Among the effects of global warming, increased drought, a higher risk of flooding and sewage water flowing directly into rivers after heavy rain are particularly challenging for cities. There is often little undeveloped space where that water can be collected and stored in nature. The WETSPA-Urban model developed by Dr Nahad Helmi for his doctorate in engineering at the VUB is helping cities to carry out cost-benefit analyses of possible precautionary measures, such as more green space, and shows the areas where these are best implemented.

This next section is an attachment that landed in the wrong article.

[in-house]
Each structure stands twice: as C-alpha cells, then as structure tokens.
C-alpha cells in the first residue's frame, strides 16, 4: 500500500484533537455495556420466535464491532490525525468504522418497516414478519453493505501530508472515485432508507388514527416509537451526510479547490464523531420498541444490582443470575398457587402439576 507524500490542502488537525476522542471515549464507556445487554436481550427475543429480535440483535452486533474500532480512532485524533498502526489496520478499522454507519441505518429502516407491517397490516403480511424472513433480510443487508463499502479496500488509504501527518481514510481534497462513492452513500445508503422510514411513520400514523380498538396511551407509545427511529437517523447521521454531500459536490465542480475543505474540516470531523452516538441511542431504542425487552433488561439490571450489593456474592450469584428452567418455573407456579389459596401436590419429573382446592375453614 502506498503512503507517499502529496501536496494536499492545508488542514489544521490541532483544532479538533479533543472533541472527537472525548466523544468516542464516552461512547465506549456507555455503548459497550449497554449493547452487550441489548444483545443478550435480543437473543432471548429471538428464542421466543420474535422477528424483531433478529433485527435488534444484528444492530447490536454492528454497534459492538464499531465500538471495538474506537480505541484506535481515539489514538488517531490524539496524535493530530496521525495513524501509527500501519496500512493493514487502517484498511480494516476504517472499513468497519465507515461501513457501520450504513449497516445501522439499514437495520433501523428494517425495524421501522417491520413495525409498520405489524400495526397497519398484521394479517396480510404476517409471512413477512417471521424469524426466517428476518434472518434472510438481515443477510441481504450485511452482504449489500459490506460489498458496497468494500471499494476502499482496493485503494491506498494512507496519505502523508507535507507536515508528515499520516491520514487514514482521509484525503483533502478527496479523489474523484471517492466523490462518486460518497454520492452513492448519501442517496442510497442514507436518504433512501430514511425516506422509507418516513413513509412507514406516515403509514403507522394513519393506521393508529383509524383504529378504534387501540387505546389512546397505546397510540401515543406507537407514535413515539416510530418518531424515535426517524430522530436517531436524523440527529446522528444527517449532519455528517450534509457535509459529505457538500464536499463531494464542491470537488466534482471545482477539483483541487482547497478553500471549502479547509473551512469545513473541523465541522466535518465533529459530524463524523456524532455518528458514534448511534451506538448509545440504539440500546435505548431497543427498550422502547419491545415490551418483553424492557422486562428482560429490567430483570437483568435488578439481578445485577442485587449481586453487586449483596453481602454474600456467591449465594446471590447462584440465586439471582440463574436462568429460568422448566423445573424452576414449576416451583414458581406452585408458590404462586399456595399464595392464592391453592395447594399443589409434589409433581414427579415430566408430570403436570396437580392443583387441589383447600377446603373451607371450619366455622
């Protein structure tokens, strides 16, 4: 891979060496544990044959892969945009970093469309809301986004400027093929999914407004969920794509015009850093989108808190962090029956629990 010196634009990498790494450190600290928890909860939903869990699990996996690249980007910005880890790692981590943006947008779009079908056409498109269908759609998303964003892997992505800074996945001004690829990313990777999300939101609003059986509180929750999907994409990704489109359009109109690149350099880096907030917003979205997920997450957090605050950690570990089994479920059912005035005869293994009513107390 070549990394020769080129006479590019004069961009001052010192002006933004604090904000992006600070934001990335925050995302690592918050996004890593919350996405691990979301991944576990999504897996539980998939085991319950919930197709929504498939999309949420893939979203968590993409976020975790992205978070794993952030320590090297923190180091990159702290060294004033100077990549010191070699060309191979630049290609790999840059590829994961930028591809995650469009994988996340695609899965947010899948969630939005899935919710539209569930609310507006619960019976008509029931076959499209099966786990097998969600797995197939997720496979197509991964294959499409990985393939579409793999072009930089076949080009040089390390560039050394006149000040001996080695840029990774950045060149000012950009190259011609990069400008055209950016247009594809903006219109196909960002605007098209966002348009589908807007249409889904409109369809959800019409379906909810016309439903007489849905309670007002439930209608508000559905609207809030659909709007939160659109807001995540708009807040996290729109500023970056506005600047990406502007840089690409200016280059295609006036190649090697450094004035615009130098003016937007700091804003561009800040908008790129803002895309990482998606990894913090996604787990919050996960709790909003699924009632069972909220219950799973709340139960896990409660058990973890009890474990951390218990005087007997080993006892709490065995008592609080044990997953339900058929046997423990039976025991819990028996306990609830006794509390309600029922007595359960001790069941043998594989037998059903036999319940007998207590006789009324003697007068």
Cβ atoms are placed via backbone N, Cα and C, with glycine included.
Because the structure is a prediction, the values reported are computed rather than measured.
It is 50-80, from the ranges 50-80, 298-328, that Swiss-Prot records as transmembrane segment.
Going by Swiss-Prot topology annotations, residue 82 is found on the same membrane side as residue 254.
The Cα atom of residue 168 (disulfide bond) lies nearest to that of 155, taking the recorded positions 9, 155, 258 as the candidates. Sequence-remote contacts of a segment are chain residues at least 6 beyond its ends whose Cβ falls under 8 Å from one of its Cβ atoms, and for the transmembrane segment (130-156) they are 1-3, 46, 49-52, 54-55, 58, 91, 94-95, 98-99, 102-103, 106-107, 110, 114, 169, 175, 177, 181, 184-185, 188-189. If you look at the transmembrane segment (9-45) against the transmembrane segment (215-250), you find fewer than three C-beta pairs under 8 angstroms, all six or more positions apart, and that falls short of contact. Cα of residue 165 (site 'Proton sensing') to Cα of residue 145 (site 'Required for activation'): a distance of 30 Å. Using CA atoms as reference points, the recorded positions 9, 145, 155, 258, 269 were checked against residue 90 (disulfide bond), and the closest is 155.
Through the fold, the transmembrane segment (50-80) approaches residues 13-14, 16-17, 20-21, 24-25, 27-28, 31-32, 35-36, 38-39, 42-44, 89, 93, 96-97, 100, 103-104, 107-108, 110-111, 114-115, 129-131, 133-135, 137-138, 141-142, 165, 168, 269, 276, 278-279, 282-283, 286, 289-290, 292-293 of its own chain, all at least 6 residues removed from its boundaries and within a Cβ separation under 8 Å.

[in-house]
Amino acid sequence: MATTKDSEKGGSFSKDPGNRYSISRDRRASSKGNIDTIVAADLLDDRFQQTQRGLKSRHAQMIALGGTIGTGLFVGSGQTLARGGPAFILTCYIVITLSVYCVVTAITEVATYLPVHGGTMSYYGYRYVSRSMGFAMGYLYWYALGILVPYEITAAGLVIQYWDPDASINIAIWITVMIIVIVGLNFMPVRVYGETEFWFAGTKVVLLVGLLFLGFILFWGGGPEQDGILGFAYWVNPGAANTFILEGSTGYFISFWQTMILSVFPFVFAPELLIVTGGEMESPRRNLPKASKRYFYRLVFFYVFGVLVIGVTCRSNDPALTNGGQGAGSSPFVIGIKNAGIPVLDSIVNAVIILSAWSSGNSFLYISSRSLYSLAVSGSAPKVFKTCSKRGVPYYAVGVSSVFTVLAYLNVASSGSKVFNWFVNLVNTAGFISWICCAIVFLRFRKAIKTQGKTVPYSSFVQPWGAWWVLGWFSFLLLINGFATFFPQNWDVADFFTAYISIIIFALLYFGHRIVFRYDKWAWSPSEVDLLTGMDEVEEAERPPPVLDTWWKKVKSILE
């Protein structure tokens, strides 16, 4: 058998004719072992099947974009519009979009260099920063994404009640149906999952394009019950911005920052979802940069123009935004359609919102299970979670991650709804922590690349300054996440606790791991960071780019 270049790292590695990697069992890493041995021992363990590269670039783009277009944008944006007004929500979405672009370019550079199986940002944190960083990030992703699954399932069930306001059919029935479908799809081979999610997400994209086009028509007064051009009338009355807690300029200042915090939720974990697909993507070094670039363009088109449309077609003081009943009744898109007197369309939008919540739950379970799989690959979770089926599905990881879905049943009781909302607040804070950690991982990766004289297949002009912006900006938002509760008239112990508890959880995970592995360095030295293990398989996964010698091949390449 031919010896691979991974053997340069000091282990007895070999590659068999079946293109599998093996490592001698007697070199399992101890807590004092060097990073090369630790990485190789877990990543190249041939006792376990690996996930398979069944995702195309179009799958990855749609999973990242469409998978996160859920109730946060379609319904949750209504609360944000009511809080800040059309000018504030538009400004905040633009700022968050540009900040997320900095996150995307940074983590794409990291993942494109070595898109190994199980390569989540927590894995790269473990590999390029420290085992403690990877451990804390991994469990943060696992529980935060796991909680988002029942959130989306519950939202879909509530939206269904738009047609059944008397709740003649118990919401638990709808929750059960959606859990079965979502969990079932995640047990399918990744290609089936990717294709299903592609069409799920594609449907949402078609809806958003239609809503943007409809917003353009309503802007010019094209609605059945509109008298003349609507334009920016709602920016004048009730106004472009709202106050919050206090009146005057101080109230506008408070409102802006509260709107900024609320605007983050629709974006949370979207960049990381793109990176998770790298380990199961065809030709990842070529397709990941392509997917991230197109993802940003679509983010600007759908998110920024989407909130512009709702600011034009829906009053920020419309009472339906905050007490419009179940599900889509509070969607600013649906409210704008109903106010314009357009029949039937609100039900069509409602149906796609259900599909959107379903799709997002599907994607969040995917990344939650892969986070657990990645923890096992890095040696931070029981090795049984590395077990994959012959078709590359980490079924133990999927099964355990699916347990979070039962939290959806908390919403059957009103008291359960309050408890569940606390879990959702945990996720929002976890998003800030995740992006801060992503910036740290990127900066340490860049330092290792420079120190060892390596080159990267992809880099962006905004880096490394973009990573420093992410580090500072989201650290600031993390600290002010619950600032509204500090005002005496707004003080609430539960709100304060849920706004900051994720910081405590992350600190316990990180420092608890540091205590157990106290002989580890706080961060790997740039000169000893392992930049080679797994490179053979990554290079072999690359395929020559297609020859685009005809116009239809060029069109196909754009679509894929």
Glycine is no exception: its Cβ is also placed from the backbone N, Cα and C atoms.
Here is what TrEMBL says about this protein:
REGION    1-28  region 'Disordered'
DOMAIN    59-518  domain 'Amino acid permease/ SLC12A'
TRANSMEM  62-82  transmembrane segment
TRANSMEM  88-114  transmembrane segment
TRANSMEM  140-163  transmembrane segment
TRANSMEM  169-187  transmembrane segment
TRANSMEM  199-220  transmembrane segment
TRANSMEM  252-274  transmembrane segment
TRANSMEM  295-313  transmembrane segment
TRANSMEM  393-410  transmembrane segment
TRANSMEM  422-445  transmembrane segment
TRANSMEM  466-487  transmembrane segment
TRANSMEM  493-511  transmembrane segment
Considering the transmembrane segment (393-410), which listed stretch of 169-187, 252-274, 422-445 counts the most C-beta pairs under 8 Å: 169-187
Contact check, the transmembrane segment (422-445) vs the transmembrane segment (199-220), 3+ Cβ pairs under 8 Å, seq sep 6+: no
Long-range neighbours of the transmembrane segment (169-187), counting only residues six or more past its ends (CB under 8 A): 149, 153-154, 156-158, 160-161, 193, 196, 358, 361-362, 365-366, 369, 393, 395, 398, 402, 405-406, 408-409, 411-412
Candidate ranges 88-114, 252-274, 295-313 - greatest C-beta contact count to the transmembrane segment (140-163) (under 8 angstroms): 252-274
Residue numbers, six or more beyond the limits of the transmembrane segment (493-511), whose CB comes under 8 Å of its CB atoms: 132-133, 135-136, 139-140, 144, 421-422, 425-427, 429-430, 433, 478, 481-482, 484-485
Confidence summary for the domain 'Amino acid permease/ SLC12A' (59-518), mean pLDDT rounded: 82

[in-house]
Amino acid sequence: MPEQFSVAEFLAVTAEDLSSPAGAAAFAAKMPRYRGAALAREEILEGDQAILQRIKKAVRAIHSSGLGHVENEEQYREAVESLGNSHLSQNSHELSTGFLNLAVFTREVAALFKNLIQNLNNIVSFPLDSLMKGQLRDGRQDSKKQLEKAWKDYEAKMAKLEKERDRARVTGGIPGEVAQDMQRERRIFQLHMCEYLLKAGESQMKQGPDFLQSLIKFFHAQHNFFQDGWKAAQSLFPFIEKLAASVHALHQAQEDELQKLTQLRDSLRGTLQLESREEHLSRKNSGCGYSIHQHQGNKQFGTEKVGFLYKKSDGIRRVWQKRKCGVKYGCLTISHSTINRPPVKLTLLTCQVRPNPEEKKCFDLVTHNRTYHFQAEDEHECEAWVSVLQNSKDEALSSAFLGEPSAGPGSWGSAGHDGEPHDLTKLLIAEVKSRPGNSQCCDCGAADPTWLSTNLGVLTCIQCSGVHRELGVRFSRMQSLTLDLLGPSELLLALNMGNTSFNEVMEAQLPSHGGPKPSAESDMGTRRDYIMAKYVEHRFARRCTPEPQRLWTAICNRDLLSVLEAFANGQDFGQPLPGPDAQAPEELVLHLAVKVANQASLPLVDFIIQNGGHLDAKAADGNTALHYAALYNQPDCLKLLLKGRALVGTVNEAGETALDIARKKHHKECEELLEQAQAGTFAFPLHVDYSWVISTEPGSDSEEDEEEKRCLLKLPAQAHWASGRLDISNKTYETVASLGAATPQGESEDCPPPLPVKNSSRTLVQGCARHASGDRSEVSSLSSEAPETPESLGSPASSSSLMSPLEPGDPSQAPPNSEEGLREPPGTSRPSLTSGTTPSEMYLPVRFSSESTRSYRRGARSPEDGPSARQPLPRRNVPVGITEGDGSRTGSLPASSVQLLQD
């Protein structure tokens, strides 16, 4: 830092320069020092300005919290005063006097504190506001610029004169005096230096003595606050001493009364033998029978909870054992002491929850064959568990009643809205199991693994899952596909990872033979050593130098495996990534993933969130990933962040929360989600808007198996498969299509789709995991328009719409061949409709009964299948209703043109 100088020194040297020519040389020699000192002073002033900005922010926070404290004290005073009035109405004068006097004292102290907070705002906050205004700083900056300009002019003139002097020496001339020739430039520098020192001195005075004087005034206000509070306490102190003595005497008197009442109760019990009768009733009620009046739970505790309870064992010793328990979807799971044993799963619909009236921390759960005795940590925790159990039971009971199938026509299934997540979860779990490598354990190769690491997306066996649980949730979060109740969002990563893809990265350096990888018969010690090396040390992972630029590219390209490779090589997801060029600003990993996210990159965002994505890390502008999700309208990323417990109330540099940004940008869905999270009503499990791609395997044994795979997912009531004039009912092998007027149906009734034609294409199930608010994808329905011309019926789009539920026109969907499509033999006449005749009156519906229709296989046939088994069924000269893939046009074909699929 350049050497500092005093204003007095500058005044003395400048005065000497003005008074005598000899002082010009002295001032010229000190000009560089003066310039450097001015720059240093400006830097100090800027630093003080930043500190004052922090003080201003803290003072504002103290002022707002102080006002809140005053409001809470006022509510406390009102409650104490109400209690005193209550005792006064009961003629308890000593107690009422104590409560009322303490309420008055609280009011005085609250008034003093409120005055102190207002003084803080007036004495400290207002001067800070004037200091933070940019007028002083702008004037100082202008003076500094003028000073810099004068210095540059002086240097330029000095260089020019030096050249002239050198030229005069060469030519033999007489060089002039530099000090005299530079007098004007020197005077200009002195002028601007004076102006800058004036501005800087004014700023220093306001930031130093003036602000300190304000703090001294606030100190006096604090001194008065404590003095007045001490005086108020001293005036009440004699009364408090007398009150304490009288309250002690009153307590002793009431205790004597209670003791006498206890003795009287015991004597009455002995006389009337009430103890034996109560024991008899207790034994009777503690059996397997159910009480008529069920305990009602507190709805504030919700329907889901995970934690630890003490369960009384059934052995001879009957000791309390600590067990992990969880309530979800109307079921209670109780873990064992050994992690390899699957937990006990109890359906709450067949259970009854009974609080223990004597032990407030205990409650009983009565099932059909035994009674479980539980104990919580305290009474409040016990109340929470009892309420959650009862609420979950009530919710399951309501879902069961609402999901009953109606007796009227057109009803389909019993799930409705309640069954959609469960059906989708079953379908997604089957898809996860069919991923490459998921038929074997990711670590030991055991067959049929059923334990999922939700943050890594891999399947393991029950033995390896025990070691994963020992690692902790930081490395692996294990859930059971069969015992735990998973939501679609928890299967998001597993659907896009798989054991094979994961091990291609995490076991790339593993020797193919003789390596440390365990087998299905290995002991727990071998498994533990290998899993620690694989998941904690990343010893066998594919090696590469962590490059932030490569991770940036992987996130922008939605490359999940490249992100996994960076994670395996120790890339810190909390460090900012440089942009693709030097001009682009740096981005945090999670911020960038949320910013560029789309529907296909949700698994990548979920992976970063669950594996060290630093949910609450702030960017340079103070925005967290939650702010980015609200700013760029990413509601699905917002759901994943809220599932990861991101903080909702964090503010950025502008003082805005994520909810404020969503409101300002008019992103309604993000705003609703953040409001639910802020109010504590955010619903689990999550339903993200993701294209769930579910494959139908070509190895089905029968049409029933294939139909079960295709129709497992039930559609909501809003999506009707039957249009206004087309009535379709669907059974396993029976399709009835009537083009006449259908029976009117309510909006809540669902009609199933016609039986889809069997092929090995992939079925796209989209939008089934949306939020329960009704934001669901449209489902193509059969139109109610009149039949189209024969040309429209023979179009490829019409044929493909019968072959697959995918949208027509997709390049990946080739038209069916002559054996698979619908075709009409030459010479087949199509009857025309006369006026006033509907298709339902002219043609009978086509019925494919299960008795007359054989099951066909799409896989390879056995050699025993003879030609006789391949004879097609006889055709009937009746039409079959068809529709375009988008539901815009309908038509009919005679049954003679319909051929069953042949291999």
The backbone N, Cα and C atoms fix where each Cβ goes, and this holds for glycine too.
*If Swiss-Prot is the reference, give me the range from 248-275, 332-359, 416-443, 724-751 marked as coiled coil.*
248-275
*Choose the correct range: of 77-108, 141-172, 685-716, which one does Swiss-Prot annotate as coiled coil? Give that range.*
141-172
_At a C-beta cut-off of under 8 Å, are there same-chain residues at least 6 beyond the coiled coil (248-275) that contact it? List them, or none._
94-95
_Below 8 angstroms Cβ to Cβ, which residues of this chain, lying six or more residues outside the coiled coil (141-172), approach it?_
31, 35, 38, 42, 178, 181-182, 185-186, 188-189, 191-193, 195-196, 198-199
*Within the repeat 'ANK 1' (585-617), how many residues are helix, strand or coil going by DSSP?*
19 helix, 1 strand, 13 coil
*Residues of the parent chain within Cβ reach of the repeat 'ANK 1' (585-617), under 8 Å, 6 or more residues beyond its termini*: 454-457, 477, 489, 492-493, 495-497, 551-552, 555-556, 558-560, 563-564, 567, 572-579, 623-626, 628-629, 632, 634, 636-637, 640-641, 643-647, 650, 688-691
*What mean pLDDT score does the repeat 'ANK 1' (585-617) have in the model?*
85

The WETSPA-Urban model (Water and Energy Transfer between Soil, Plants and Atmosphere) was developed within VUB’s hydrology research group and combines data on natural runoff with simulations of urban drainage for sewers and a hydrologically detailed infiltration model. The tool made maps with recommendations. The simulations with these recommendations show that a smart application of green infrastructure has a large positive impact, especially with smaller, more frequent floods. In the PhD, the model is applied to Roodebeek in Brussels. By applying low-impact development to 16% of the Roodebeek sub-basin, one of the most urbanised parts of the Woluwe sub-basin, flooding can be reduced by 85%.